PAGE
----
milk

Alisha Risser owns and runs a dairy farm in Lebanon county. Having been in the business for 17 years, Risser said consistently low milk prices in recent years have been really hard for farmers.
Min Xian / Keystone Crossroads

Along stretches of farmland on South Lincoln Avenue in Lebanon, Pennsylvania, you will notice yard signs with bright orange letters that read, “SAVE OUR LOCAL DAIRY FARMS.”

Alisha Risser owns one of those dairy farms.

Seventeen years ago, Risser and her husband started a contract with Swiss Premium, a brand of the national distributor Dean Foods. In those days, Risser said business was good.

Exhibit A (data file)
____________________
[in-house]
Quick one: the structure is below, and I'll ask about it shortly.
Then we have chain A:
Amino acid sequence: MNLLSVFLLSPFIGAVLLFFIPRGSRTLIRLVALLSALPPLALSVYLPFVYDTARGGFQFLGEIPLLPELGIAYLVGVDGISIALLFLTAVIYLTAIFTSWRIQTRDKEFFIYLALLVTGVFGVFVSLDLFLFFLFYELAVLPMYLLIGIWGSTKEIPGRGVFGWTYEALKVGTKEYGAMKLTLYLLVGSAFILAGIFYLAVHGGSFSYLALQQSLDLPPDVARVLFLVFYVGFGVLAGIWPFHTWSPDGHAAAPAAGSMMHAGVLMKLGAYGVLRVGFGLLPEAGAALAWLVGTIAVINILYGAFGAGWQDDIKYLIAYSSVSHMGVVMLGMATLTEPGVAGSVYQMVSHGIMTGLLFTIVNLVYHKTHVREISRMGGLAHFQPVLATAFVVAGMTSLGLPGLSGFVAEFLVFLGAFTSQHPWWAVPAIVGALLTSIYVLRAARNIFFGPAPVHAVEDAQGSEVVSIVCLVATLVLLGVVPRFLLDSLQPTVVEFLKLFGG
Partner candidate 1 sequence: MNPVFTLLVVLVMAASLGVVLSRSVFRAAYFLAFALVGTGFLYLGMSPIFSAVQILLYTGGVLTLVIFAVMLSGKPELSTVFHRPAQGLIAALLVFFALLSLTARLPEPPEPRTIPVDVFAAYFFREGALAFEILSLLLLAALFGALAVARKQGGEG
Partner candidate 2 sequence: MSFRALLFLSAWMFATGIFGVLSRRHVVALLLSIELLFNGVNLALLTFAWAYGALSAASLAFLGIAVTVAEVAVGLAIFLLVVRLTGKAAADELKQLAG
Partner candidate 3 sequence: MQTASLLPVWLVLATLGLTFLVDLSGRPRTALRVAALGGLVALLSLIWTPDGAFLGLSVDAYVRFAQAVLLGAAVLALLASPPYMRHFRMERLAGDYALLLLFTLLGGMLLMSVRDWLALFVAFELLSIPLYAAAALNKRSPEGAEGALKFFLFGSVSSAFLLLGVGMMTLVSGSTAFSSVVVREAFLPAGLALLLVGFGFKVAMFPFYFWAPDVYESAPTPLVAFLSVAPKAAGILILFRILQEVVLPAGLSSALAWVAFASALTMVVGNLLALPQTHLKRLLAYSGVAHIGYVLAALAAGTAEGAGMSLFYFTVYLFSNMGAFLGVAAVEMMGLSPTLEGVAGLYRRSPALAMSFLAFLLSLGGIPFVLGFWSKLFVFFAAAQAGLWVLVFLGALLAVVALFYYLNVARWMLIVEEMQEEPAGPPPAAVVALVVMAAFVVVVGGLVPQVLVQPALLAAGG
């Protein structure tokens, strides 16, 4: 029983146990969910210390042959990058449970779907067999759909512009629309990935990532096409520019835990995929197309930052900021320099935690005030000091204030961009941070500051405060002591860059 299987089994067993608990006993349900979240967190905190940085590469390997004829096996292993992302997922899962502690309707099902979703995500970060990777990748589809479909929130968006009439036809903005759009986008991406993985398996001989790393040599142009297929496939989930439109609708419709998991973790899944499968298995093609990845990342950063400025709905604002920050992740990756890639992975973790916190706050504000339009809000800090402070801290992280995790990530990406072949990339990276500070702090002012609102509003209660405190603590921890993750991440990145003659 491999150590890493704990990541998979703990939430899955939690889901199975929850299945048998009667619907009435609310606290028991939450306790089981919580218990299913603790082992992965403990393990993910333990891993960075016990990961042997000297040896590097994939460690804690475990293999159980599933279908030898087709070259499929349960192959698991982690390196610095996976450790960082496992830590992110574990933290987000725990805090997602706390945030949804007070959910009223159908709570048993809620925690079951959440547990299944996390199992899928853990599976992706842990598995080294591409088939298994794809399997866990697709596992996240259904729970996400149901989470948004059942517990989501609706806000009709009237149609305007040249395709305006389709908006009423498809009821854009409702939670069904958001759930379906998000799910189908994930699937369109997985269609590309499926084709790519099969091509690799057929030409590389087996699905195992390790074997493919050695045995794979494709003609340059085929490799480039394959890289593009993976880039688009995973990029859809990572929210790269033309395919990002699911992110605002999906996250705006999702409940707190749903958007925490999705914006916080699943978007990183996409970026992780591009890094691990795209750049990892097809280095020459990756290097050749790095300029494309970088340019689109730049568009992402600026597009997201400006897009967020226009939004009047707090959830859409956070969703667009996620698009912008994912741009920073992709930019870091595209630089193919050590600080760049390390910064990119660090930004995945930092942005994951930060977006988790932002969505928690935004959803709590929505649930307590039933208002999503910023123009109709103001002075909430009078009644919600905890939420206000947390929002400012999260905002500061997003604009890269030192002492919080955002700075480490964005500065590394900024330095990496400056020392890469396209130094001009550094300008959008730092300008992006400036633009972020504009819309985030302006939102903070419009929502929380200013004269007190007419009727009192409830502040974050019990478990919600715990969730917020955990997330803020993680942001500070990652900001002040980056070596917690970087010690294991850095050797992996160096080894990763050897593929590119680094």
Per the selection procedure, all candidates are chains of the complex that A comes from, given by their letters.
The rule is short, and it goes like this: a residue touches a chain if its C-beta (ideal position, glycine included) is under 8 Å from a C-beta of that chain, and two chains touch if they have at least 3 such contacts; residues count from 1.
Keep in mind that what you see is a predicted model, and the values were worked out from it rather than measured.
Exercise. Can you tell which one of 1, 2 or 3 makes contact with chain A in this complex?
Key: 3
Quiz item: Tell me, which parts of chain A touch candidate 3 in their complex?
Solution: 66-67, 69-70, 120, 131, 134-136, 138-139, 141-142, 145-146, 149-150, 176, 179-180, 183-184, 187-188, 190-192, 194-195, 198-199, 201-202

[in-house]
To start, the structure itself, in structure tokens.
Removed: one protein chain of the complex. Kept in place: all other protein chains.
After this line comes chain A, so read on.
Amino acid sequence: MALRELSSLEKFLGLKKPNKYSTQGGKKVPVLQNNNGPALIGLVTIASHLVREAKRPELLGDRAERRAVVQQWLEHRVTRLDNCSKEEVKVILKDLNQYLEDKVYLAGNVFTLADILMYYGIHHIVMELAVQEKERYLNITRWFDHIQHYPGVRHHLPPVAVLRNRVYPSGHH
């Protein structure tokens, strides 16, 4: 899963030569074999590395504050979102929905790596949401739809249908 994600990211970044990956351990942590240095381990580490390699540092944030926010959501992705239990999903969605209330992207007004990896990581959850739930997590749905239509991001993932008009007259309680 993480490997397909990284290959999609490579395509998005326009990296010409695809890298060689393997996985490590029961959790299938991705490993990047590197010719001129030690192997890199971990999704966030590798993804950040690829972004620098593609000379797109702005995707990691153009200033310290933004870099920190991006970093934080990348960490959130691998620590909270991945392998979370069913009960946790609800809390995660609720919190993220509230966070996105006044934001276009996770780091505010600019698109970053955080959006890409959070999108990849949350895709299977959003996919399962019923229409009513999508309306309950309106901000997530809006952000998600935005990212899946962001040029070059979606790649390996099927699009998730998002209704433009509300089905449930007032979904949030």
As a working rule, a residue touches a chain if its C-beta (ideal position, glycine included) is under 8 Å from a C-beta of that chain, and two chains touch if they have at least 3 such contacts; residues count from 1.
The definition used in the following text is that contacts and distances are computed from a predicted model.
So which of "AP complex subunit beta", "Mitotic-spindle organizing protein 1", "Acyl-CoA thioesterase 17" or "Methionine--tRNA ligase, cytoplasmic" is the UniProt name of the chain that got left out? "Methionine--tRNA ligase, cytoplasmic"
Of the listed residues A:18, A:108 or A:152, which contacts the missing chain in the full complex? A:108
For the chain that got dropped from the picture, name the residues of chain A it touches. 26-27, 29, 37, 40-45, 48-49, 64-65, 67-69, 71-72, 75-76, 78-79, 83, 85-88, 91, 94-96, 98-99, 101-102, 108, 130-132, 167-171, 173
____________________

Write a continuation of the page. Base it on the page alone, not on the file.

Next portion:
Forty-two Pennsylvania dairy farms scrambled in search for new markets after receiving contract termination notices about a month ago from Dean Foods, a national distributor based in Texas. Since then, two distributors in the state have entered agreements with some of those farms.

Harrisburg Dairies will pick up nine farms in the Lebanon-Lancaster area, while Schneider’s Dairy in Pittsburgh decided to take on four farms from Clarion and Venango counties. 

One of the nation’s largest dairy distributors is ending its contract with dozens of Pennsylvania dairy farms at the end of May — a decision that reflects challenges faced by the industry.